If you read the Bible, one thing soon becomes clear: the writers of this book considered the death and resurrection of Jesus Christ, and the events leading up to the these, to be very important. The four gospel writers, Matthew, Mark, Luke and John, recorded the thirty-three years of Jesus’ life, but devoted almost a third of their space just to the last week of his life.
So what is the meaning of the cross? What is the significance for us of the death of Jesus? Let’s look at a verse from the Bible to try to answer these questions.
"For Christ died for sins once for all, the righteous for the unrighteous, to bring you to God" (1 Peter 3:18).
We can see four things from this about the death of Jesus:
Christ died—this is the wonder of Calvary. Crucifixion was common enough in the first century. There was nothing unusual about it. But the wonder of this crucifixion was not in the act but the person. Christ died. ‘Christ’ is a Greek word; the Hebrew equivalent is ‘Messiah’, and the English translation would be ‘The Anointed One’. It was a title for a very special person. Another title given to Jesus was ‘Emmanuel’, which means ‘God with us’. Christ is God. God died on the cross. This is the wonder of it! The immortal died!
From our verse we can see that Christ is also called ‘the righteous’. This was yet another title used in the New Testament for our Saviour (Acts 3:14, 7:52, 22:14). It means that Jesus was pure and sinless.
So then, these titles tell us the wonder of Calvary. As the Righteous One, death had no way of claiming Jesus, because death is the wages of sin; as he had not sinned, he did not deserve to die. Yet Christ, the Righteous One, did die. Why?
Our verse gives us two reasons for why Christ died: it was for sins, and it was for the unrighteous.
It was a punishment for sins—but we’ve just seen that Christ didn’t sin, so whose sin was he punished for? We’re given the answer: he was punished for the sins of the ‘unrighteous’. When he died, he was acting on behalf of others. Elsewhere in his epistle, Peter states this truth so clearly: ‘He himself bore our sins in his body on the tree’ (1 Peter 2:24). Indeed, this is what the Bible is always repeating: ‘He was pierced for our transgressions, he was crushed for our iniquities’ (Isaiah 53:5); ‘Christ died for the ungodly’ (Romans 5:6).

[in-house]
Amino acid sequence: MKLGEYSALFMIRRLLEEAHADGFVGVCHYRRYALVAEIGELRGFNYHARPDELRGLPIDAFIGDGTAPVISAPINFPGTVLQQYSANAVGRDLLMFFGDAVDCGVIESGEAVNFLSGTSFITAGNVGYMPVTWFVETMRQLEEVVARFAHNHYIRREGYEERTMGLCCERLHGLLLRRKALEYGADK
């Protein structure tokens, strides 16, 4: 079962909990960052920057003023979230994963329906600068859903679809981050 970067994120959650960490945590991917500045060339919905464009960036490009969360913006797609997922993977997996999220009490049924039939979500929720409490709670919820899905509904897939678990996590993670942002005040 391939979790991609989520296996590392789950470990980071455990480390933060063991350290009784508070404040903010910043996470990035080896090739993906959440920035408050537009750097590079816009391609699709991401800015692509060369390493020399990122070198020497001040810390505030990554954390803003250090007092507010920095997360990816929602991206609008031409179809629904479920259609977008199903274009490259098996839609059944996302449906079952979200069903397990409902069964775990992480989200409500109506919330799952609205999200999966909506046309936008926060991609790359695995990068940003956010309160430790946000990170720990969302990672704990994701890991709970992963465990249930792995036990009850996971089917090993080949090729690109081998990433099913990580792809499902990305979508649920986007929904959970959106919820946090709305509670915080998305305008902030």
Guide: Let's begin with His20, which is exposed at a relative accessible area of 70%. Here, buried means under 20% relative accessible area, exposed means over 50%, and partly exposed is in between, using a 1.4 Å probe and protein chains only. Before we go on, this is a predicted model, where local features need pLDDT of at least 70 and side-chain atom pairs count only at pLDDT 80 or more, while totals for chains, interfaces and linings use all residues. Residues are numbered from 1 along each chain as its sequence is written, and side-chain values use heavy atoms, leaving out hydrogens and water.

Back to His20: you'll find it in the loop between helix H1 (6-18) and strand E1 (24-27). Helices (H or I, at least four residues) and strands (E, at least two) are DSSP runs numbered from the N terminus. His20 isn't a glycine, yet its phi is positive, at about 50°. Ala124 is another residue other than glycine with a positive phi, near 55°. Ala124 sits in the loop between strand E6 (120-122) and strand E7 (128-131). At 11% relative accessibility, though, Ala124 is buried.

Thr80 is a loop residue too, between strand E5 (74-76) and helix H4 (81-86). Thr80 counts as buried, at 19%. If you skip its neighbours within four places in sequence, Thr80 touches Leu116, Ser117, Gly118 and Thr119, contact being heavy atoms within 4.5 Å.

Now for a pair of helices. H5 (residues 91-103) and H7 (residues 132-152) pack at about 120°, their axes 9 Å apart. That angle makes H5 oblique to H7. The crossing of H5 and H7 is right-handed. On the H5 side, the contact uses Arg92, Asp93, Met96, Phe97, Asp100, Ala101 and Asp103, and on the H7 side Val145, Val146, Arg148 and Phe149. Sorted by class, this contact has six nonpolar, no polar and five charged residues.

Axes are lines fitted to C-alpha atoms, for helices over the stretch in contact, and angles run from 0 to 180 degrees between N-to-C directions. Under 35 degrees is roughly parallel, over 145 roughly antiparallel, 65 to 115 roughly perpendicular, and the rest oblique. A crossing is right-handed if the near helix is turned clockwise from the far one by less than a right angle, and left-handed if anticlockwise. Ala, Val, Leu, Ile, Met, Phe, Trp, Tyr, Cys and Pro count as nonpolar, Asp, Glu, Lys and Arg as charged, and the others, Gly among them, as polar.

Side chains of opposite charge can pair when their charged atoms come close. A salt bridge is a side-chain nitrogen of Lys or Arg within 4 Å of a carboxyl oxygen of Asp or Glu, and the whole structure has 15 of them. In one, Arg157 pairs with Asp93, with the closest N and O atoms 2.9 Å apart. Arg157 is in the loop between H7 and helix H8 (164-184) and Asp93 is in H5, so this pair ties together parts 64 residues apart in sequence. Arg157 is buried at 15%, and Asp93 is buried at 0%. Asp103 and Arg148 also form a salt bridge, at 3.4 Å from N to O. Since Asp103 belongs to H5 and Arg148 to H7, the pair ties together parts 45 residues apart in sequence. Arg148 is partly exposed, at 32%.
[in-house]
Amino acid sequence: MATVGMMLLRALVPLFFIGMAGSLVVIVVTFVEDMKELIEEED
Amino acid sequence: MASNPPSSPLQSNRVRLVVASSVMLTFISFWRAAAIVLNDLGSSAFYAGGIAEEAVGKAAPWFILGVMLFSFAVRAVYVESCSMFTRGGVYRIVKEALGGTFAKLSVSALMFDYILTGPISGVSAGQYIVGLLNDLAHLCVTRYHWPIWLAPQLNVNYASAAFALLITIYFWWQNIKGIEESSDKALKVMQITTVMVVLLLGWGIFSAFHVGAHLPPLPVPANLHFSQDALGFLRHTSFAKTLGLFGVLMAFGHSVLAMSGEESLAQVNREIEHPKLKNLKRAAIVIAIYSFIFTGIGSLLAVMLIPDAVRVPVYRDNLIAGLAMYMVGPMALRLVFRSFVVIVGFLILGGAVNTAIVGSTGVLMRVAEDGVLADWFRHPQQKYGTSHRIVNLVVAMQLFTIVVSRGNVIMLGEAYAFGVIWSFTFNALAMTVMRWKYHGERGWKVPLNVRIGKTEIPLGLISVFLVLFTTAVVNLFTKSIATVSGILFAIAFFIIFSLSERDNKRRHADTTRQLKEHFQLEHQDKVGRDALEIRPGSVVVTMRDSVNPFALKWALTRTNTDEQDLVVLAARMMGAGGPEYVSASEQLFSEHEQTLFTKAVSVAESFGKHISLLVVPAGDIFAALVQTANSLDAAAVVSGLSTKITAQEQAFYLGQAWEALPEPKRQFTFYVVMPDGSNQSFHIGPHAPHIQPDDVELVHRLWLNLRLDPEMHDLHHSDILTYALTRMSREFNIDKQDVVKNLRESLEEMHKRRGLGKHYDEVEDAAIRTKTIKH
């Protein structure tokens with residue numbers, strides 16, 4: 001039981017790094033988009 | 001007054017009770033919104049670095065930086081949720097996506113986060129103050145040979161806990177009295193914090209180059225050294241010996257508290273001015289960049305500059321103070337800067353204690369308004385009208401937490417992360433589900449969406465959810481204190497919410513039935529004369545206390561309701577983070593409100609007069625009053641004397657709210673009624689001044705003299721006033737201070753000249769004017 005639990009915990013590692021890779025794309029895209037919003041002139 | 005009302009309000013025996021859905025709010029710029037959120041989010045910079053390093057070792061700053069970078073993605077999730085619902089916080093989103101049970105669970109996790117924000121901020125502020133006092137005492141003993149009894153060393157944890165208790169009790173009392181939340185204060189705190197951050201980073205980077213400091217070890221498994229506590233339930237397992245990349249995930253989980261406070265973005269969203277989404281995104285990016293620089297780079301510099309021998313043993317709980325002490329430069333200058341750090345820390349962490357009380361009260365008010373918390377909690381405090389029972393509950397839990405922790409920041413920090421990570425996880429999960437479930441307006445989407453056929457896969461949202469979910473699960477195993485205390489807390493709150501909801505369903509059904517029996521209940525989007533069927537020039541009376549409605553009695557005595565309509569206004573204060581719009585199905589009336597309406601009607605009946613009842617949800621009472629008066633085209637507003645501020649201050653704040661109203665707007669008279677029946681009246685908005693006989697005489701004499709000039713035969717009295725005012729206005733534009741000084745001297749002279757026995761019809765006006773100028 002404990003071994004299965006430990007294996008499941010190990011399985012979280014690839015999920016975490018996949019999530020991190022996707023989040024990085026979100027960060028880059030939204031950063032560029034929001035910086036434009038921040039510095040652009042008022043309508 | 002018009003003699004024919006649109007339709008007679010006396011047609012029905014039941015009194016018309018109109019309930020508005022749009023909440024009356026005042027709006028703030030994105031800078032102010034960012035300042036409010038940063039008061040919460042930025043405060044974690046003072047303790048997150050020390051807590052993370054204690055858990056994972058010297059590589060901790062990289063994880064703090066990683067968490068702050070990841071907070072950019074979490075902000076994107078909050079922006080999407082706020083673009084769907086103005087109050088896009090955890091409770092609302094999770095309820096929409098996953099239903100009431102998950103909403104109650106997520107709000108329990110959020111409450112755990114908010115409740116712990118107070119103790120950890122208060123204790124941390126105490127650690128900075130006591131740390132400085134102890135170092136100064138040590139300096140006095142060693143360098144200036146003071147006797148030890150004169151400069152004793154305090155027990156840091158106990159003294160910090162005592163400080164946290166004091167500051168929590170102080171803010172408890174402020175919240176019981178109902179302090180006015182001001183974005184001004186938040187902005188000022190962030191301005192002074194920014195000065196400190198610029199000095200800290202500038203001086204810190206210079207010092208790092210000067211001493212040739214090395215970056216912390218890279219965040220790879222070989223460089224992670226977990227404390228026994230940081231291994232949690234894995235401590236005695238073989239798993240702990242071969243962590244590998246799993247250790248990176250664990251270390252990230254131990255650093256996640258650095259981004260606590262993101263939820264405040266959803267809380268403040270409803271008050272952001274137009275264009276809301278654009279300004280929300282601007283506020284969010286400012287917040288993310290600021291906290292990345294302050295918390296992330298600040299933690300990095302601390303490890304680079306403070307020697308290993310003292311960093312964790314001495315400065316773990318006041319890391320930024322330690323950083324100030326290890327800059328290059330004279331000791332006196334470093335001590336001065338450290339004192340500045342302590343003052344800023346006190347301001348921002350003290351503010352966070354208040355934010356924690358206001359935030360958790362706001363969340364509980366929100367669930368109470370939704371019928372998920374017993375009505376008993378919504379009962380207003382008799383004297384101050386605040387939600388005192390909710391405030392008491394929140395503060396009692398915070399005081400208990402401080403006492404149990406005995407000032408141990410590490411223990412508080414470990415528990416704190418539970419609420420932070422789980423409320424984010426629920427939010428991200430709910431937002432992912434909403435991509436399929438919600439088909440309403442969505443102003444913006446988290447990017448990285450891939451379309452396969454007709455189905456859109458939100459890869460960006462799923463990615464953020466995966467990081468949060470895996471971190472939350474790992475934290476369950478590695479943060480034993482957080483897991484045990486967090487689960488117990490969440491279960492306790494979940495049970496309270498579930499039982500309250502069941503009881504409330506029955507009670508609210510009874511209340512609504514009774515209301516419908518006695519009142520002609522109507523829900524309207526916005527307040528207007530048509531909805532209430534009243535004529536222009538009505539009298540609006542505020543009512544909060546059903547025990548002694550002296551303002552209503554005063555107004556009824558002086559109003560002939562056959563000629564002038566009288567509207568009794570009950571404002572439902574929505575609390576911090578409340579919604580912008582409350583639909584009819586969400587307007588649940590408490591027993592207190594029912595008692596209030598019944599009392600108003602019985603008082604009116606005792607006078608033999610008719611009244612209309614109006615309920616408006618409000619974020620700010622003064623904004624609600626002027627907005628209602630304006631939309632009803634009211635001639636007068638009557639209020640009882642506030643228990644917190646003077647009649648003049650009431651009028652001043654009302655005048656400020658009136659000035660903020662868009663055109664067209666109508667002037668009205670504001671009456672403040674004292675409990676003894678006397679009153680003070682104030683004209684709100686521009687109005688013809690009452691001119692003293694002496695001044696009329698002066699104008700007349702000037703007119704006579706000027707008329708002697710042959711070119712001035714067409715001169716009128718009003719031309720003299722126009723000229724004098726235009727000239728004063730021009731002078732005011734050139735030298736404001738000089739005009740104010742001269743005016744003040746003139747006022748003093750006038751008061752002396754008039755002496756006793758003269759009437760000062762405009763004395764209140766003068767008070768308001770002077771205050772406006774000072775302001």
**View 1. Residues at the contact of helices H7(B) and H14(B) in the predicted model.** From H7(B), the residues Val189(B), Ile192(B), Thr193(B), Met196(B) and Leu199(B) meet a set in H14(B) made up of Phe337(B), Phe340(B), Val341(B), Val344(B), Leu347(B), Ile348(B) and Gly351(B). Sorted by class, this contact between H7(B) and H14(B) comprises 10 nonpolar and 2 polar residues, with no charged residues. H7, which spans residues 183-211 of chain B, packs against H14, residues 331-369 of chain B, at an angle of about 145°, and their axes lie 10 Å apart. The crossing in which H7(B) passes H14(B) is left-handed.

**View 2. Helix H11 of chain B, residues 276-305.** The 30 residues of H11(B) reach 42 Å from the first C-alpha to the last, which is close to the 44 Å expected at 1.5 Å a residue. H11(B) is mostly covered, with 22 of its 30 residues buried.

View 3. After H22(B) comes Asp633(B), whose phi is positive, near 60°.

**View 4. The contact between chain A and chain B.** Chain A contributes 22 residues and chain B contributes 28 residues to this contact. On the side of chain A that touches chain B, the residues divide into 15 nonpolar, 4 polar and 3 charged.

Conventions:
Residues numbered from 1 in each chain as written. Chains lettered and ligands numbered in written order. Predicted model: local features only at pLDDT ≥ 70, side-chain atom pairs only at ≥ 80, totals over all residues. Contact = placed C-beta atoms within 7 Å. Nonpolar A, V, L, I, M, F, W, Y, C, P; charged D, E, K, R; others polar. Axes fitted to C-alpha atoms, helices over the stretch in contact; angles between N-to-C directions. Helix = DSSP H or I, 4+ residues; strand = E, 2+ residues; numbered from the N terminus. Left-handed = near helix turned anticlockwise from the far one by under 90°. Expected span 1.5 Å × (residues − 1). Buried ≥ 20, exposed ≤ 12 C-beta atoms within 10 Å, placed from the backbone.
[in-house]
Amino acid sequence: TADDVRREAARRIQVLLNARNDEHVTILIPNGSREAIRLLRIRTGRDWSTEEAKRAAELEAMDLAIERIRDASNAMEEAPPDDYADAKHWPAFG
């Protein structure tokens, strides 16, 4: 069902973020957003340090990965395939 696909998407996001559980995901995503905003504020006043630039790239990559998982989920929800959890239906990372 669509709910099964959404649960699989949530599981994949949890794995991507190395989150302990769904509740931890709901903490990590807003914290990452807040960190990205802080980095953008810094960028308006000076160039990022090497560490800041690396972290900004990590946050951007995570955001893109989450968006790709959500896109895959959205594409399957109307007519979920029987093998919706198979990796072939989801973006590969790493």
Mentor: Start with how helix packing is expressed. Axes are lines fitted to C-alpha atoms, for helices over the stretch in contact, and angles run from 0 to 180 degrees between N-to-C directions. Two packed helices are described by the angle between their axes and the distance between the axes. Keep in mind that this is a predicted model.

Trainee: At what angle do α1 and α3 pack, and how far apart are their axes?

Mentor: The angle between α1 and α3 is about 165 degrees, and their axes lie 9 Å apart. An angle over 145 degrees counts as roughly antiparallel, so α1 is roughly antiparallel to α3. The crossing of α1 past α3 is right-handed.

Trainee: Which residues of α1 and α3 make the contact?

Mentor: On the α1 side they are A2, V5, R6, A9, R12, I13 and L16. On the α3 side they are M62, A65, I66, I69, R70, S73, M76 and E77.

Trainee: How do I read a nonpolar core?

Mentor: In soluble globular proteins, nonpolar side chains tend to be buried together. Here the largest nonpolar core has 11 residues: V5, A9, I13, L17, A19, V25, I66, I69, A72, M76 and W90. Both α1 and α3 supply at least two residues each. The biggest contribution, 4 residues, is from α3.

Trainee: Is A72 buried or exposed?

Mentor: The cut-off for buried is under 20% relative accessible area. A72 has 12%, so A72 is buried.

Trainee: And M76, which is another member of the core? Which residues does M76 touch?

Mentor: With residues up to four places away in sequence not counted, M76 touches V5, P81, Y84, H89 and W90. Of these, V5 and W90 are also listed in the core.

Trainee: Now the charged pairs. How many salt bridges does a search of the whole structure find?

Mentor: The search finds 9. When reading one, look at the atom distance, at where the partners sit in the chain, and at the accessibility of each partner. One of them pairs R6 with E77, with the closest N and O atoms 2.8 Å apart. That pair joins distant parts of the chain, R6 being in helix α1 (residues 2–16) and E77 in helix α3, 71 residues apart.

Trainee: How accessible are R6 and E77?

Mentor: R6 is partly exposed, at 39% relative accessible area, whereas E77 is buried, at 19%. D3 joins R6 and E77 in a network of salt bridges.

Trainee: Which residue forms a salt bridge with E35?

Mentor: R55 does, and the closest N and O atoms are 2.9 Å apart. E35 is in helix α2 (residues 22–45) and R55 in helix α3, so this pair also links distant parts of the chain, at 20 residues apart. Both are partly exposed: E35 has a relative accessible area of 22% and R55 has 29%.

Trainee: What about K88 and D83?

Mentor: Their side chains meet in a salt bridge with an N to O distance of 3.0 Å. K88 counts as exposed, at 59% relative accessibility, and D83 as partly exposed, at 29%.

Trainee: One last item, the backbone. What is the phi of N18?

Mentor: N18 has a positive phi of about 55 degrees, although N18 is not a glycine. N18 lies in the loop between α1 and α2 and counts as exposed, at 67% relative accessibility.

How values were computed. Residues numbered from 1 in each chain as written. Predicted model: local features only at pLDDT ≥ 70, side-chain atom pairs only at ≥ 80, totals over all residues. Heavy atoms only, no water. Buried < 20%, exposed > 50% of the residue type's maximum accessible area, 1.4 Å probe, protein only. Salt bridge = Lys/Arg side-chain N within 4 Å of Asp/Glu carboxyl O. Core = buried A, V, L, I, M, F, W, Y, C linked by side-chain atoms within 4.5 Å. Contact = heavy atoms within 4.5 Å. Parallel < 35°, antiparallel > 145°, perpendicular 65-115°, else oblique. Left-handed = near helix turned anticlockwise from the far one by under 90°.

These verses all declare the great biblical doctrine of the substitutionary death of Jesus atoning for sin—but what does this all mean at a personal level? It means that my deceit, pride, envy, jealousy, and the rest of my sins, all of which condemn me to hell, Jesus has taken upon himself. He took my guilt and was punished for me. This is what the Bible teaches.
Can it really be true? It’s not fair that Jesus should die for us, but fairness doesn’t enter into it. It’s an act of God’s love and grace. It’s all thoroughly undeserved, and even unexpected. It’s not fair, but it is perfectly just. Justice is not abused, because sin is punished. The guilty one dies. When Jesus takes our sin, he also takes our guilt.
The heart of the matter is this: God is Judge. We are the guilty ones. The Judge does not require us, the guilty, to provide some innocent friend to suffer for us. There are no innocents, because each one of us has sinned. All are guilty. Instead, the Judge says, ‘I will suffer instead of you. I will pay the price. I will die. I will become man, and, as the sinless man, as the innocent Jesus, I will die for guilty sinners.’ That’s the meaning of Calvary.
‘Christ died for sins once and for all’. It was a once-for-all act. It was unrepeatable because it was 100 per cent successful. ‘This man made one sacrifice for sin for ever.’ The success was guaranteed, because it was planned by the omnipotent, sovereign God. Peter again made this abundantly clear in his sermon recorded in Acts 2:23: ‘This man [Jesus] was handed over to you by God’s set purpose and foreknowledge.’
When Jesus said on the cross, ‘It is finished’, he meant that everything necessary for the fulfilment of God’s loving purpose was about to be accomplished in his death.
The purpose of it was ‘to bring you to God’. God’s love made Calvary possible, but it was God’s holiness that made it necessary. The problem has always been our sin, which separates us from God. Because of our sin, we are enemies of God. We are not welcome in the presence of God. God and man are completely incompatible, and that will continue unless sin is dealt with, and the sinner changed.
Sin would, eventually, bring you to God, but only to be condemned and sent to hell. The aim of the gospel is to bring sinners to God as acceptable and righteous. This is a great task, and the only way it can be accomplished is by the cross. By his death on the cross, Jesus dealt with:
The guilt of our sin—he took it upon himself.
The wrath of God—he became the object of God’s holy wrath for us, appeasing divine justice.
The sinful nature of man—the cross makes it possible for God to remain just and at the same time declare sinners to be not guilty (Romans 3:26). Faith in what Jesus has done gives us, in spite of our sin, the righteousness of Jesus.
All this is only possible because Christ died. He brings us to God.
What about you? Have you understood the meaning of the cross? Have you seen your own sin and guilt? Are you trusting in Christ’s death to bring you to God?
God still saves guilty sinners, so why don’t you repent and turn from the way of sin? Come in faith to the Saviour. Ask for mercy and forgiveness, and you will know the joy of sins forgiven and peace with God.
© Day One Publications, www.dayone.co.uk